Anal anatomy may not be the most glamorous topic but it's well worth knowing your way around.
The anus is made of two rings of muscle, and it’s about 1-1.5” (2.5-4cm) long. The external muscle is the first one that you would come to if you were touching somebody, inserting a toy, or a finger. This is skeletal muscle, which is the kind of muscle you can deliberately control. For instance, when you contract your arm muscles, you move your arm bones, which is why it’s called skeletal muscle. Most people can squeeze and relax the external muscle.
The internal anal muscle is “smooth muscle.” This is the kind of muscle in your blood vessels, your organs, and in the iris of your eyes. It’s controlled by the part of your nervous system that manages all the things you don’t really think about much, like your heart rate or how fast you’re breathing. That’s important because it means that while you have some influence over it, you don’t have control.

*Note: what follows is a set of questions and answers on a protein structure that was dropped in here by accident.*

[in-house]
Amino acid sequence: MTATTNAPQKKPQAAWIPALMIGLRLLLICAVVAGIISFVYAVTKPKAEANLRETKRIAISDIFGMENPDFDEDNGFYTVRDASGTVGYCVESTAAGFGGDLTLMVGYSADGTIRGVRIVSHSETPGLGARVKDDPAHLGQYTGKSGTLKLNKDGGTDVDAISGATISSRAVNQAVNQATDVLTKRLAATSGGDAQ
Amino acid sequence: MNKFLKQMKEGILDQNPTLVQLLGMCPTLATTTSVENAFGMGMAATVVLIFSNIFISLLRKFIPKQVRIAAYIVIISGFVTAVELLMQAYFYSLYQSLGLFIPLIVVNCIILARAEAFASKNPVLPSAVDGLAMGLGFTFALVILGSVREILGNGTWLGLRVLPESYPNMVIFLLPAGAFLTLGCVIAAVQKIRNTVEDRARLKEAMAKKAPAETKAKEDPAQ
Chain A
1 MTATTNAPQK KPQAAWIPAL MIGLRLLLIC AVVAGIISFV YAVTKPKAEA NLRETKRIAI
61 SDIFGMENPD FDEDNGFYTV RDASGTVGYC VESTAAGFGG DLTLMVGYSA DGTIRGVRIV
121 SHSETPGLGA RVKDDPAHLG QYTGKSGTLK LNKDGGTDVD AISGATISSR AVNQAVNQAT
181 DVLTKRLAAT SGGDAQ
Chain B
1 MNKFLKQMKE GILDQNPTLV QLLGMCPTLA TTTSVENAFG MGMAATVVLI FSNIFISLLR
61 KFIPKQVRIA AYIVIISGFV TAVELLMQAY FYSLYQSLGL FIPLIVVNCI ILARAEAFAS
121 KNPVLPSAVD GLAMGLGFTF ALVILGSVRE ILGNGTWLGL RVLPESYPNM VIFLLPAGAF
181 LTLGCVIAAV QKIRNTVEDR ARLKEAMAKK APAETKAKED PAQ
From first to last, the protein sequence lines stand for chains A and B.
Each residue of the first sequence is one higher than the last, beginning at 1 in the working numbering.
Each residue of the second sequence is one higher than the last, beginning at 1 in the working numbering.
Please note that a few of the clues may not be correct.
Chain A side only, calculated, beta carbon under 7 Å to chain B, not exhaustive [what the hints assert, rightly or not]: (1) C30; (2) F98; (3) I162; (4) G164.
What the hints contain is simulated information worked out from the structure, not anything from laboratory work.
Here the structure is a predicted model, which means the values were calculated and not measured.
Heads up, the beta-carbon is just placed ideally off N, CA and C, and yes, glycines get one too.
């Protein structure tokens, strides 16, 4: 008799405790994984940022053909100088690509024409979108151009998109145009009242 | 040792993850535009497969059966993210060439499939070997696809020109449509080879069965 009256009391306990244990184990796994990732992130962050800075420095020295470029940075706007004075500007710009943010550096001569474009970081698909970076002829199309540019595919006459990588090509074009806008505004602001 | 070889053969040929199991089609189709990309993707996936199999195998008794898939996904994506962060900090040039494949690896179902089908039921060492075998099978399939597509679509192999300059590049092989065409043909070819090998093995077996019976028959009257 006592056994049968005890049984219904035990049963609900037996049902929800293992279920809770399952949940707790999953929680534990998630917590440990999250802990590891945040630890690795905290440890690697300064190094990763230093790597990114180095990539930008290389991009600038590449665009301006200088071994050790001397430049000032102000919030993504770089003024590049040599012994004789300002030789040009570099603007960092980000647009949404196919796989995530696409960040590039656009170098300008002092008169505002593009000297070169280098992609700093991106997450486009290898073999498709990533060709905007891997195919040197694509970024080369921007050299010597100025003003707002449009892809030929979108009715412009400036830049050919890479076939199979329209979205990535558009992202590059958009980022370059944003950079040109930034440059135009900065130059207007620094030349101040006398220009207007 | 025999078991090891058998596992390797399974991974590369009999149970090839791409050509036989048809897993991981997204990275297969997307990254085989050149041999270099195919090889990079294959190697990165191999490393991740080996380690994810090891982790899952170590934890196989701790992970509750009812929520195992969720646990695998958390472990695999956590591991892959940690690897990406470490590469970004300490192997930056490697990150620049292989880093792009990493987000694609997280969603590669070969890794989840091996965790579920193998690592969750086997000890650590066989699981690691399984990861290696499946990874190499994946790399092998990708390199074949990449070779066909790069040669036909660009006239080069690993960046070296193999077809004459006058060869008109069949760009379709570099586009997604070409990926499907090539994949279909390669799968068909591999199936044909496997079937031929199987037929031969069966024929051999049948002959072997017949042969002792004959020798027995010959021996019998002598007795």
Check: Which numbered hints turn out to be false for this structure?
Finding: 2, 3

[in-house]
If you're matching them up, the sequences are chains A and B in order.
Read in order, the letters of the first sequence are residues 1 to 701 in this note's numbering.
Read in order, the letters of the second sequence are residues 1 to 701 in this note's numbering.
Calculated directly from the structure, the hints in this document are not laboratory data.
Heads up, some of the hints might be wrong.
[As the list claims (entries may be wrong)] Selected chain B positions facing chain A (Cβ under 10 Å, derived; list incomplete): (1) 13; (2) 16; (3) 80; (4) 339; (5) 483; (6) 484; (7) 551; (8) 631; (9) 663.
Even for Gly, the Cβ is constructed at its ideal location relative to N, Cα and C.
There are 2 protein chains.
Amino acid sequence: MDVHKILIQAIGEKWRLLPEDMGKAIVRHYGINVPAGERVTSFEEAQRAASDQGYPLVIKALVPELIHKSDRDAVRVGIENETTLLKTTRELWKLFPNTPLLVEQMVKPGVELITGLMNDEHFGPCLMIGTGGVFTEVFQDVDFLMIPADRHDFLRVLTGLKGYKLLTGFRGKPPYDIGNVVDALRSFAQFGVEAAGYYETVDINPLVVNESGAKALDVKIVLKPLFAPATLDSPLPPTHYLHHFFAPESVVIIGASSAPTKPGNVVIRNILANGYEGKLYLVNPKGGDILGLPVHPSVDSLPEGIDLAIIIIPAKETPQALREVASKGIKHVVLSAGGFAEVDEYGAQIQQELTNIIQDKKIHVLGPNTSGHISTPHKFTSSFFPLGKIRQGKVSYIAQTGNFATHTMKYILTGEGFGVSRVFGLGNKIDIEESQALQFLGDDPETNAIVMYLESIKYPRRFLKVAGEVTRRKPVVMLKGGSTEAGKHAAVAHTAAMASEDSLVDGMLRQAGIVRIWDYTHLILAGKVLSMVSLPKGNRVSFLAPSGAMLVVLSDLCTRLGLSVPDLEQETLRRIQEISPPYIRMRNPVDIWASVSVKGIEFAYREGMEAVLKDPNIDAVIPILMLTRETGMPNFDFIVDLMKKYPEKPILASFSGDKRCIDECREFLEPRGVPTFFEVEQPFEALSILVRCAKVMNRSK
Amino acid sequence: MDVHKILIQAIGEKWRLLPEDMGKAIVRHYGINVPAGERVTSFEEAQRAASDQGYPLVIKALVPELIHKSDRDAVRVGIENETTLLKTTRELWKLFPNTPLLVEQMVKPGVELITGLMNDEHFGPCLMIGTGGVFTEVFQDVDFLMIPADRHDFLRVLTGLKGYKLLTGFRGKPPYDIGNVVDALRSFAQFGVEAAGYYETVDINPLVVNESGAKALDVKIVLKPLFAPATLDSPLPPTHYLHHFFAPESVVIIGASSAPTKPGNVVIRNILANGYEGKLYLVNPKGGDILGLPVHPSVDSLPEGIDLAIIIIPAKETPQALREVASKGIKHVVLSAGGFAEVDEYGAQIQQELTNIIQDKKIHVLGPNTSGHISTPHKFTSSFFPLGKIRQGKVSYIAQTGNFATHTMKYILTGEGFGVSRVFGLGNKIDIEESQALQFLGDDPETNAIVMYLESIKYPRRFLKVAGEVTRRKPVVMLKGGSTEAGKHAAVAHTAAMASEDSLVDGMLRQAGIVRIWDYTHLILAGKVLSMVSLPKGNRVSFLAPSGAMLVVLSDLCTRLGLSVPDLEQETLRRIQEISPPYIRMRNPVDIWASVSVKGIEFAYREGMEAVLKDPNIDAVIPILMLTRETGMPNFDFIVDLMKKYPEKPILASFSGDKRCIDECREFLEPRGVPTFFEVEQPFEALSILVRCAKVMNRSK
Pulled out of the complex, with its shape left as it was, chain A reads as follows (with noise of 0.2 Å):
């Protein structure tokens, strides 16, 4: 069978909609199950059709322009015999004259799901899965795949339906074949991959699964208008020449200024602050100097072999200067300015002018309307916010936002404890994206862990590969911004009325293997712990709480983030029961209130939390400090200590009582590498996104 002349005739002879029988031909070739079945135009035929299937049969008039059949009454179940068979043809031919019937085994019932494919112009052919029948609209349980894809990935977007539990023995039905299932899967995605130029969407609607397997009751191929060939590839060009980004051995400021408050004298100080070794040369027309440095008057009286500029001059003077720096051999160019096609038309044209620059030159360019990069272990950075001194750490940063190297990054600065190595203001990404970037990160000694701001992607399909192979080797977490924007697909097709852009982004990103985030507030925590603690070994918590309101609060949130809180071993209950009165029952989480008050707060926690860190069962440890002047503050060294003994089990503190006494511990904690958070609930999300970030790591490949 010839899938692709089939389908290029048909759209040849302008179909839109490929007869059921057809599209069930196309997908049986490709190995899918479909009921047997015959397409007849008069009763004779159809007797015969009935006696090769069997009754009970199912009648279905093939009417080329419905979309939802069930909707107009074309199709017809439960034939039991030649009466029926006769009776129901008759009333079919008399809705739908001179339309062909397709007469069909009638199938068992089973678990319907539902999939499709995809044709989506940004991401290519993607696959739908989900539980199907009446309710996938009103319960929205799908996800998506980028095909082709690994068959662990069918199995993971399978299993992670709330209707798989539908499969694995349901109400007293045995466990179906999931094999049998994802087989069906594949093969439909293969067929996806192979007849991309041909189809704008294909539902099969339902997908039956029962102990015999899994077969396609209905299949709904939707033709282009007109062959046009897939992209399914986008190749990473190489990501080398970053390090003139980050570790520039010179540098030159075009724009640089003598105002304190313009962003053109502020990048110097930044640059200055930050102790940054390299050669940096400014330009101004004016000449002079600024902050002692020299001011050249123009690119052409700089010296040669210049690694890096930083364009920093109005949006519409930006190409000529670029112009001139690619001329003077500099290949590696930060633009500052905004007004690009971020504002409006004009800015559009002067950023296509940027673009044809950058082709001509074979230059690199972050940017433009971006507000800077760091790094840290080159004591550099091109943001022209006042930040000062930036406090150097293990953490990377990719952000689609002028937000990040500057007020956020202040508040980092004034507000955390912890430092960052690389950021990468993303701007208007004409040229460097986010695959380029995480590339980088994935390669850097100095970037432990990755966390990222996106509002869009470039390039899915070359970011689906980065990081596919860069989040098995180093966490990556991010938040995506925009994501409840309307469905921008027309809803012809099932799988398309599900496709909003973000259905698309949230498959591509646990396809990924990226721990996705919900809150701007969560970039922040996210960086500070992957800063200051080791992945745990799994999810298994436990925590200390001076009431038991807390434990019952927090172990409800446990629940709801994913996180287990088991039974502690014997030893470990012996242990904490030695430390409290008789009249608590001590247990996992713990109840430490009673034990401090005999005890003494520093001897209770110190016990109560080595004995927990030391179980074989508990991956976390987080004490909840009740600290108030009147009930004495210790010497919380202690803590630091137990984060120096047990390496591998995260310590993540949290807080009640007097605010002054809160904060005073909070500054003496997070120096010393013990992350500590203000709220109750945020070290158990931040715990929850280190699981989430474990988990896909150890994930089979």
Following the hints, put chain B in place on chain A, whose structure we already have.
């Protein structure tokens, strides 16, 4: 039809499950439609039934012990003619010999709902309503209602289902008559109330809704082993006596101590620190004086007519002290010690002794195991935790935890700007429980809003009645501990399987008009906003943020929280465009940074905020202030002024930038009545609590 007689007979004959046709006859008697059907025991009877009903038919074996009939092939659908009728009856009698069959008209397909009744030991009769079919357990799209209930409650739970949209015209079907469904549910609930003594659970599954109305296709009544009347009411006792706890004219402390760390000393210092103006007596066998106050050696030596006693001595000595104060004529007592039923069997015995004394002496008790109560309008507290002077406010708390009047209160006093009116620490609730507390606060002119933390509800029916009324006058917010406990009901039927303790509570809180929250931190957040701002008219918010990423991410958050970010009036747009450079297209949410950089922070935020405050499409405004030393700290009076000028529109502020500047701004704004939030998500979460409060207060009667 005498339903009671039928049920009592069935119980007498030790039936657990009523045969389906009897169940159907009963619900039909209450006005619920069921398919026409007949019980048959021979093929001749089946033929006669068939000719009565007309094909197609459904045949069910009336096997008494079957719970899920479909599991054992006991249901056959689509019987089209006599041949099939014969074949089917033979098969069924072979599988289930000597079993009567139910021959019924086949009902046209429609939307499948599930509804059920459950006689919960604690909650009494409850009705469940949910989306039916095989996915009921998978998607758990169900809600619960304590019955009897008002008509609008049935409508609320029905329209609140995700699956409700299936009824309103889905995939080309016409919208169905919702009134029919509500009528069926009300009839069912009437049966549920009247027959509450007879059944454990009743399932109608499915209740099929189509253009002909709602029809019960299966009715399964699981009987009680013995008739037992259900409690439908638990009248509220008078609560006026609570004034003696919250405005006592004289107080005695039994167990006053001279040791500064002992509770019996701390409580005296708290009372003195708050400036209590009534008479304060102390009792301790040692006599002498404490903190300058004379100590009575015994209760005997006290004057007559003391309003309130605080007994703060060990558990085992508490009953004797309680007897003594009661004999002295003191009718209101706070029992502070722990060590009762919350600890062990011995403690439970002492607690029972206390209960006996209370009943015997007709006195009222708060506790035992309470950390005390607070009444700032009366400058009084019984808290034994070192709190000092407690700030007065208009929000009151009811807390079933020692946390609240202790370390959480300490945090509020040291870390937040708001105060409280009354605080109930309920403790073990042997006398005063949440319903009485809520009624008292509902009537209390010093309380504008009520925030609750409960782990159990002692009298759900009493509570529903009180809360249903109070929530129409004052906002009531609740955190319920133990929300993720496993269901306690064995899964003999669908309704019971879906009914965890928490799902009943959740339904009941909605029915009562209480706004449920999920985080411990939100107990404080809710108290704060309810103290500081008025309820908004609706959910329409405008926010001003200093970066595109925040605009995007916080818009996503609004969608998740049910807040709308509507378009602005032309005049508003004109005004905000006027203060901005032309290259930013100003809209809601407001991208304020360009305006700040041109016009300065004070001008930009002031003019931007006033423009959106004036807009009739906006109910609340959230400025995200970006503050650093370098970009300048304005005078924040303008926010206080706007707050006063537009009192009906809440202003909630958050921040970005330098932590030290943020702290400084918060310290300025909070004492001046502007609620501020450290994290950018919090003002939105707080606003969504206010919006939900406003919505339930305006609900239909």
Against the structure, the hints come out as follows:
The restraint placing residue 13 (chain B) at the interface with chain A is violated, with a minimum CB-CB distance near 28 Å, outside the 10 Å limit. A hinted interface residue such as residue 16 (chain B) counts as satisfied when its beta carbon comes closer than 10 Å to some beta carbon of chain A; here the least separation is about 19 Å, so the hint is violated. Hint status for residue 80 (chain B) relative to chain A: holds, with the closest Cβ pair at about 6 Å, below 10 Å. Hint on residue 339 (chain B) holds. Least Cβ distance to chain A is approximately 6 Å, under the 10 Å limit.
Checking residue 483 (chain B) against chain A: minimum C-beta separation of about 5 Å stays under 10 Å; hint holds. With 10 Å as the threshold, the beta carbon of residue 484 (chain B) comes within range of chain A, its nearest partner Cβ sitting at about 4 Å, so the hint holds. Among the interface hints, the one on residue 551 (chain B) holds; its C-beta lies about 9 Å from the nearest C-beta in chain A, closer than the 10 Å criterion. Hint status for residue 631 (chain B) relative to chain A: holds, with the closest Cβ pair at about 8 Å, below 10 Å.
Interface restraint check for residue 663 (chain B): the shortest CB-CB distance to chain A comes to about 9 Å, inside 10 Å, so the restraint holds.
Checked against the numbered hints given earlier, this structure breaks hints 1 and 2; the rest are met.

For example, if someone tells you to take a deep breath, you can probably do that. But most of the time, you don’t pay much attention to it. And if you’re worried, it’s a lot harder to take that deep breath because your nervous system is responding to the stress.
The internal anal muscle does much the same thing. If you’re worried, angry or stressed out, the pelvic floor and the internal anal muscle tighten up. It’s the same reflex that makes a scared cat or dog tuck their tail between their legs. And it’s the reason that someone who’s angry all the time is sometimes called a “tight ass.” It’s literally true.
This week's topic is Anal Anatomy, follow these links to read the rest of the series!
Part 1 - Two Rings of Muscle
Part 2 – The Physical Response to Stress
Part 3 – Taking Care of the Skin
Part 4 – Learning to Relax